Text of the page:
Champion, advocate, mentor: Remembering Jason Franz

October 2019 Posted in Columnists & Opinion

A few years ago, a man named Larry Platt auditioned for American Idol with an original hit (that later sold millions), “Pants on the Ground”, which made fun of young men and boys who wore their pants halfway down their bottoms with their underwear exposed. Many of us have done the same, shaking our heads.

Jason Franz and the High Mascot in Fall Line. Photo by Kristine Thomas.

Jason Franz likely said, “My people.” He liked everyone, but had a special affinity for those on the margins – disenfranchised youth who were scolded for riding their skateboards on the sidewalk or risked weaving in and out of traffic because there was nowhere else to ride.

I heard a great story the other night that invariably is true but, without the person’s permission, I will relay it without naming names. A couple of young boys were seen shoplifting in a local store, and the owner called Jason, who was advised that the two were “his kids.” He promptly told them about stealing being wrong, marched them down to the shop, made them apologize to the shopkeeper, and return the merchandise.

Art Brown would never be caught with his “pants on the ground.” At 81, it may be hard just getting them back up! He had a stroke and can no longer drive, and even walking very far was a chore. He could not use his recumbent bike because he only had use of one hand. The first physical therapist said, “No way.” So, Art and his occupational therapist went to Jason. Jason ordered parts, reconfigured the trike so that Art could ride and brake with just one hand. Since then (February 2015), Jason has adjusted the bike and even upgraded it so that Art could use it easier. He gave him a helmet that could be adjusted with one hand. Pay for labor? Jason adamantly wouldn’t allow it.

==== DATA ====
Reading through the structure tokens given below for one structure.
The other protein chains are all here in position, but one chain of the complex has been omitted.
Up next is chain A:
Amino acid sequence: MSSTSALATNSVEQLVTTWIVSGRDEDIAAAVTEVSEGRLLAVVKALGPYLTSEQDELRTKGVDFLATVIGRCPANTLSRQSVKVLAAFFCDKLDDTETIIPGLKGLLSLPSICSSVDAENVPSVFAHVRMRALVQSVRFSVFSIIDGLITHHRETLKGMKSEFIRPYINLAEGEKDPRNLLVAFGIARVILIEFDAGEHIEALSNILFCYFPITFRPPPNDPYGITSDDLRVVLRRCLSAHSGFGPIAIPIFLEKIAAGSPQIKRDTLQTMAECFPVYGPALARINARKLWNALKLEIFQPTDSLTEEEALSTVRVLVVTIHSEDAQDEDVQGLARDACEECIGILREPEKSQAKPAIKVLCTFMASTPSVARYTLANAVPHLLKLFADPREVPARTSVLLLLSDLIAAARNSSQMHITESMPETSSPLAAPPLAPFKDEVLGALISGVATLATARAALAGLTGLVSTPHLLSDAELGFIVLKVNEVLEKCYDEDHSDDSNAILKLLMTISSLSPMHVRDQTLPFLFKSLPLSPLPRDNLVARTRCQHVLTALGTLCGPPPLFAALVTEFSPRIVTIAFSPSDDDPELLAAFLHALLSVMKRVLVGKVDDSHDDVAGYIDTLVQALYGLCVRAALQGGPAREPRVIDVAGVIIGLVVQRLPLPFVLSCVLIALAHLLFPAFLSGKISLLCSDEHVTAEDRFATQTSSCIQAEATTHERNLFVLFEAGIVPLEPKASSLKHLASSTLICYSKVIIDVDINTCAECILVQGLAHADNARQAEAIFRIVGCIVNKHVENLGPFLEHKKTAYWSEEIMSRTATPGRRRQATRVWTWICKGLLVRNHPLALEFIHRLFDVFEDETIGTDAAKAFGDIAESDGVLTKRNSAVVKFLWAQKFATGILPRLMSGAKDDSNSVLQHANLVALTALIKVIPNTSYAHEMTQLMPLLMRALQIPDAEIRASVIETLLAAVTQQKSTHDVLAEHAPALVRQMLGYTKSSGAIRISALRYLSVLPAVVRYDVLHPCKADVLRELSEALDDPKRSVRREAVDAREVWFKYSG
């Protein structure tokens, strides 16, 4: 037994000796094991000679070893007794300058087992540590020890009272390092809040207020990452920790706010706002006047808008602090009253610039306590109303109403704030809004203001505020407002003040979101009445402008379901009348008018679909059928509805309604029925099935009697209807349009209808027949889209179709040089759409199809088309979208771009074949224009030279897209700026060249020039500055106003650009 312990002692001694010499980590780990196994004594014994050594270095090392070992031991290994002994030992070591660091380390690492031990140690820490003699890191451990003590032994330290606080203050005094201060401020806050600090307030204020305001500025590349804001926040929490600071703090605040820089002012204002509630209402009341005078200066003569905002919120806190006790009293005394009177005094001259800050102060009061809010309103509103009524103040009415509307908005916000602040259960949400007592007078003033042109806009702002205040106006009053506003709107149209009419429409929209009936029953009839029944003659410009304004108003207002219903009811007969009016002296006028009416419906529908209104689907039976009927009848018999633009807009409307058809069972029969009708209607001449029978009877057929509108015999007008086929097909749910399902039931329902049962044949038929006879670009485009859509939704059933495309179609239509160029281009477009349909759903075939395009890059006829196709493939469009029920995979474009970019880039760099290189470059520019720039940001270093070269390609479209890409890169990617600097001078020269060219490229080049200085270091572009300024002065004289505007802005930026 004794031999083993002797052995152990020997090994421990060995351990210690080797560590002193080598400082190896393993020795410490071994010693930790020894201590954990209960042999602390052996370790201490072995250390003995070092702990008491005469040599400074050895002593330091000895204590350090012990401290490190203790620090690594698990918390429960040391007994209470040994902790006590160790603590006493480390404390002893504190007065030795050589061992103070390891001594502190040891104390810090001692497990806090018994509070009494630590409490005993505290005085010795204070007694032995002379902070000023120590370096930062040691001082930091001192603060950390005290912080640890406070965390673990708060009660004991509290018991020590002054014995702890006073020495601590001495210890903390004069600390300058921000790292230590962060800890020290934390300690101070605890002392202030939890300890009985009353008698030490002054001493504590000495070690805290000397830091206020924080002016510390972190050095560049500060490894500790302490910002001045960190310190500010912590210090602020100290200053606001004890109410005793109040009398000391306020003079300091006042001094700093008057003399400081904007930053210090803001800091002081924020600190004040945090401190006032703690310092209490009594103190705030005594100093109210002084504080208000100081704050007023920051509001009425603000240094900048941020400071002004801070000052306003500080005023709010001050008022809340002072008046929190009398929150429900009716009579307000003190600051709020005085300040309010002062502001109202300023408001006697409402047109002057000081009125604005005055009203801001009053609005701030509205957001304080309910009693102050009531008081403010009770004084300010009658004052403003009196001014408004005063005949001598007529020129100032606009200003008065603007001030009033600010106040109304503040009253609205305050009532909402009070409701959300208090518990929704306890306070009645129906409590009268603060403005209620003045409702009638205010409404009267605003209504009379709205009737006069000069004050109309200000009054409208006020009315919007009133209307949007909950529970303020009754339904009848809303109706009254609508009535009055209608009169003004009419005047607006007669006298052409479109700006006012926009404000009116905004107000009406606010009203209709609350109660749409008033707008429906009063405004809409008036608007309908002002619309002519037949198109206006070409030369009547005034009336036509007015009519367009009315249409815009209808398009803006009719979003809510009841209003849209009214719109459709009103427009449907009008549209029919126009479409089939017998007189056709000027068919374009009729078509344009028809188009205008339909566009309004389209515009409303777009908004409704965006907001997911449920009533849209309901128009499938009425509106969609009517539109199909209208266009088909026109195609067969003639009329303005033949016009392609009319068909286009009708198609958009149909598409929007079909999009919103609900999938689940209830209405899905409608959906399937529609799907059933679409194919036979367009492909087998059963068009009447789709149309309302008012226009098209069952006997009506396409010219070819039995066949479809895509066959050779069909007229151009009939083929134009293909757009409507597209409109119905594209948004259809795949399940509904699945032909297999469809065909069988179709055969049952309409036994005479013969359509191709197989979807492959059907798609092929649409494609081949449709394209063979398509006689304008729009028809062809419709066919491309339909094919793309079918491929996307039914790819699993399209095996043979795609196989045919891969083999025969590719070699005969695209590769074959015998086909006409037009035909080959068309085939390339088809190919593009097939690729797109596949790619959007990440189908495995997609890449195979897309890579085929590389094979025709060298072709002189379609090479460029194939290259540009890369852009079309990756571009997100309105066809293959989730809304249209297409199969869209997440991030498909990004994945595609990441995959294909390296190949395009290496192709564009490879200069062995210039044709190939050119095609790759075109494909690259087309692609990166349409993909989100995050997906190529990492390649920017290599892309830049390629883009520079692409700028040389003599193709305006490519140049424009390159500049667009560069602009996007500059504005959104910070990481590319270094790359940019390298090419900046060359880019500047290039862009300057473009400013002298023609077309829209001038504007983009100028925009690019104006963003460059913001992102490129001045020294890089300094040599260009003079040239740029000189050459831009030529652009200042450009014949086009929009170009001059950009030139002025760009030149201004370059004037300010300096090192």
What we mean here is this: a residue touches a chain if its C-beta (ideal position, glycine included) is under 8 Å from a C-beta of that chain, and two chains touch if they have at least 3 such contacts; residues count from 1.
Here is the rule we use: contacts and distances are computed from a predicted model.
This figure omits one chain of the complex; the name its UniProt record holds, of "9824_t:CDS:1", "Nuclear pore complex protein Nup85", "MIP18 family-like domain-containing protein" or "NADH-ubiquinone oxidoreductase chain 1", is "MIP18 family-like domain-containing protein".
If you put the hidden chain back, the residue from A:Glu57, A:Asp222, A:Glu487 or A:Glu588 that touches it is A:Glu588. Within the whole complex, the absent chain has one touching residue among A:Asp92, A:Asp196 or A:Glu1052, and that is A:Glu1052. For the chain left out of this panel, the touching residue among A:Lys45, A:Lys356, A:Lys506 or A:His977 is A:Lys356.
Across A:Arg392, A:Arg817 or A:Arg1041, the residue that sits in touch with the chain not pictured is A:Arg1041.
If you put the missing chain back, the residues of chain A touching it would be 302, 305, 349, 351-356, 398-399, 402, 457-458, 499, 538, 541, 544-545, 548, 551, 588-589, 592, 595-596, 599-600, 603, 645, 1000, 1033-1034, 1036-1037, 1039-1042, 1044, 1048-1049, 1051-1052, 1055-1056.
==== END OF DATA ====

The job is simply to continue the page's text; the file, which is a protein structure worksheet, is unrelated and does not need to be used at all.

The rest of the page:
Says Virginia Brown, Art’s wife, “My husband is 81, not 18, so it’s not just the young people that owe Jason so much – he cared about everyone and generously gave of his time and expertise. The trike has given Art independence and exercise that he never would have had without Jason. It is because of Jason that doctors are saying (this week) that Art will probably recover better from the heart attack he had just 11 days ago and open-heart surgery that he had last Thursday. It is because of Jason that my husband was able to regain his independence. Thank you, Jason. You’ll never know how many lives you have affected in our community.”

We all know by now that this special young man, who died of a heart attack last weekend while doing what he loved best – mountain bike riding up by the Falls, was a driving force (with Judy Schmidt) that got the skate park done up behind the Senior Center and the bike track at Rogers Wayside. But who knew how much of a price break he gave so that the Silverton Police trailer, used in part for bike rodeos and safety towns, would be full of bikes for kids to learn about safety, even if they had no bike?

As Marcia Rowland, a big fan of Jason says, “My girls were in the second and third grade and I bought them one of those electric scooters. They both stopped working shortly after the warranty expired (go figure!). It took Jason a couple of hours on each one, and he wouldn’t let me pay him AT ALL. I always felt people, especially kids, were more important to him than anything else.”

Hundreds of testimonials about his compassion, service, and humanity have surfaced on social media, and hundreds of people came to an impromptu vigil last Monday night. One who spoke said, “I wish we would have honored him when he was with us.” He actually was the recipient of the Chamber of Commerce’s Business of the Year a few years ago. The vigil crowd told Jason-stories, cried, laughed, and hugged. A few probably had their “Pants on the Ground.” I suspect Jason was smiling – “My people.”

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